PUBLISHED: 11:19 19 May 2015 | UPDATED: 11:19 19 May 2015
May means bluebells – beautifully shaped, delicate flower heads that carpet woodland floors in swathes of glorious colour, which look even better when shafts of low, dappled sunlight break through the fresh spring canopy.
But are these brilliant little flowers really blue? Drawing and painting them presents a challenge – they are, in fact, a combination of various pale blue tints interwoven with mauves and purples. Somehow ‘mauvebells’ doesn’t quite have the same ring about it.
So, how to capture this unique colour, which changes with the direction and intensity of the light throughout the day? Go for a distant view complete with tree trunks, leaves and canopies? Or home in on a smaller area, a single stem, or even one flower head.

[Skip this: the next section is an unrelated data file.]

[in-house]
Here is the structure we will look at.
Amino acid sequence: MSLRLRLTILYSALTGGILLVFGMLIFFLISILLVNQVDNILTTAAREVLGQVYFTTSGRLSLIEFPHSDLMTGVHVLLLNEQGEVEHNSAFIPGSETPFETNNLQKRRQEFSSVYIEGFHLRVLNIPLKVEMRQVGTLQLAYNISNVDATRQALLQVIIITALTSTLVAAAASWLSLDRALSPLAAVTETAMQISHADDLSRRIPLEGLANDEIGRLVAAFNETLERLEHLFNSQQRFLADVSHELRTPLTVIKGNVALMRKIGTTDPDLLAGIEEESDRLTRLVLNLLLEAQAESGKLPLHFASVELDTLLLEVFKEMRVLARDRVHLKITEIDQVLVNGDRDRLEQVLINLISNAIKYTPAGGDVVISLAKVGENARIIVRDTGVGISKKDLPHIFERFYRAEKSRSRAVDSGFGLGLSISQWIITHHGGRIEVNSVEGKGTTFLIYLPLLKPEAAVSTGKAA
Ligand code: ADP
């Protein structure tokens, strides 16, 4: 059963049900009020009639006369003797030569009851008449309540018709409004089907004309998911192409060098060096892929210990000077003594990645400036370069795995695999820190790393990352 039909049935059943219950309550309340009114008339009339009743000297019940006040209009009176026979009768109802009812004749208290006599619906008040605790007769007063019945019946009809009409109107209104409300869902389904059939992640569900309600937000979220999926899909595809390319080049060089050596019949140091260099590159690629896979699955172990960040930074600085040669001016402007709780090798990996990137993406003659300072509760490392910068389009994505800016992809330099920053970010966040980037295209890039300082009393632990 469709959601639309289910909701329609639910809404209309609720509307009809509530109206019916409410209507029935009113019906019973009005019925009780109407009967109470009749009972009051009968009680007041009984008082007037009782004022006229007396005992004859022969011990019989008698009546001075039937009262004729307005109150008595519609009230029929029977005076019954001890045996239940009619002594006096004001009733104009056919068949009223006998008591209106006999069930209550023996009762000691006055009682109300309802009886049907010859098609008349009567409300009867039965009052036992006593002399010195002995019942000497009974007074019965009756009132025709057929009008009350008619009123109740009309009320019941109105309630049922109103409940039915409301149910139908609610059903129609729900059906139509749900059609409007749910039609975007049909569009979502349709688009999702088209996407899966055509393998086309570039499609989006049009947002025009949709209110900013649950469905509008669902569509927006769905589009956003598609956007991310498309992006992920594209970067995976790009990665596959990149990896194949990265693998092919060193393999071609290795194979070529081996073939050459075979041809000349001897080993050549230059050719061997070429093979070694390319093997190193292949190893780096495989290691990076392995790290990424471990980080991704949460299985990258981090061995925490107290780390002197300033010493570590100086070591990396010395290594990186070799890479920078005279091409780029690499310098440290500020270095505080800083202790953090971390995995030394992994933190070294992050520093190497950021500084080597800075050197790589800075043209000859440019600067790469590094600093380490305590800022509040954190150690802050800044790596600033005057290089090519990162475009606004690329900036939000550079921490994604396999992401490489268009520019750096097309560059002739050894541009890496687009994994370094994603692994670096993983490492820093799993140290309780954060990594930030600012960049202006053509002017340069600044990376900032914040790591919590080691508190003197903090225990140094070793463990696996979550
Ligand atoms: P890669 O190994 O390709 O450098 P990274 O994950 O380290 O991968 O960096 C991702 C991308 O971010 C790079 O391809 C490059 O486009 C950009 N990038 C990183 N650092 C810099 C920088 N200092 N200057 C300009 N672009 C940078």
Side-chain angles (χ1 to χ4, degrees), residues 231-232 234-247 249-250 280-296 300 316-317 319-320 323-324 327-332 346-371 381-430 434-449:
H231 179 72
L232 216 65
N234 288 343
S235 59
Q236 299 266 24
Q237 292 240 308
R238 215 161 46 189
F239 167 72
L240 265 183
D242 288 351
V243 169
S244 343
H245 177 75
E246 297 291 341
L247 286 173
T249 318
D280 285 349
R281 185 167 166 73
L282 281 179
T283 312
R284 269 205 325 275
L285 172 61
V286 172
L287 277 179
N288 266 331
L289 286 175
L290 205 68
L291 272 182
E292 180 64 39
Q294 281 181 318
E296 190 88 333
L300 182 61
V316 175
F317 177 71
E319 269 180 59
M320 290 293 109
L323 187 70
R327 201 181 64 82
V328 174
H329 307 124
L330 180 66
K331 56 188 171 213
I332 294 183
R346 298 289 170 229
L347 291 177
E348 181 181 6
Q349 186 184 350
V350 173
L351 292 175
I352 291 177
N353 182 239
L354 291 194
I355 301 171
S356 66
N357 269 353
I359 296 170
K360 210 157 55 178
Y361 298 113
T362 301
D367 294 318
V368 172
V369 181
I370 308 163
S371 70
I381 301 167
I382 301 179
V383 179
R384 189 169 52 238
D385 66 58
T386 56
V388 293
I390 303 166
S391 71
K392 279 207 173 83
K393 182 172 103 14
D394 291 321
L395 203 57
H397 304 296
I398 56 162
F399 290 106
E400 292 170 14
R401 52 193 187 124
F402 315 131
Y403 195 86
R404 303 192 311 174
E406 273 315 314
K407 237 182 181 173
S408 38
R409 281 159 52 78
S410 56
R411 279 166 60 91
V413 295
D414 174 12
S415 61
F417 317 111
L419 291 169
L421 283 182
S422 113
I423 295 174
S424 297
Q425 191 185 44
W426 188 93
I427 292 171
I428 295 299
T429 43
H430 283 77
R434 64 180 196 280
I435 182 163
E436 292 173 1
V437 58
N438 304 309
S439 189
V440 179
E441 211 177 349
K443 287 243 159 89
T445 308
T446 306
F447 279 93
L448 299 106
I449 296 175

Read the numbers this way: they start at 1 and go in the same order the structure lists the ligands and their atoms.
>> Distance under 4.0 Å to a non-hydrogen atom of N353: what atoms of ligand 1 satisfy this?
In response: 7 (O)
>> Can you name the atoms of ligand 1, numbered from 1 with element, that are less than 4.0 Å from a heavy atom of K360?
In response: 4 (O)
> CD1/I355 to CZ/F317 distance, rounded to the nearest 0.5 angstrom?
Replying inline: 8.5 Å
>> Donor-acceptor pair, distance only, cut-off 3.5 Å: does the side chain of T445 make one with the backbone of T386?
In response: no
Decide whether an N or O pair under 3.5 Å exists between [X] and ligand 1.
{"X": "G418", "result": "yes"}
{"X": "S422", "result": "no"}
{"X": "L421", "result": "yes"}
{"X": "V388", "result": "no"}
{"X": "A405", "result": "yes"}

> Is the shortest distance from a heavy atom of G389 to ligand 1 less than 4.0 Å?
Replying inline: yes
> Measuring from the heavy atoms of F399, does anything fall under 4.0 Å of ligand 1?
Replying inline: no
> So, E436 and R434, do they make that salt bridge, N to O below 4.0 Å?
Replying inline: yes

I recommend attempting them all, especially as bluebells are their best for a very short time. Taking time to find your very own bluebell patch where you can study, admire and enjoy them is well worth the effort.
Try using different media – water based oils, pastel pencils and watercolour – and experiment with ways to create that unique colour.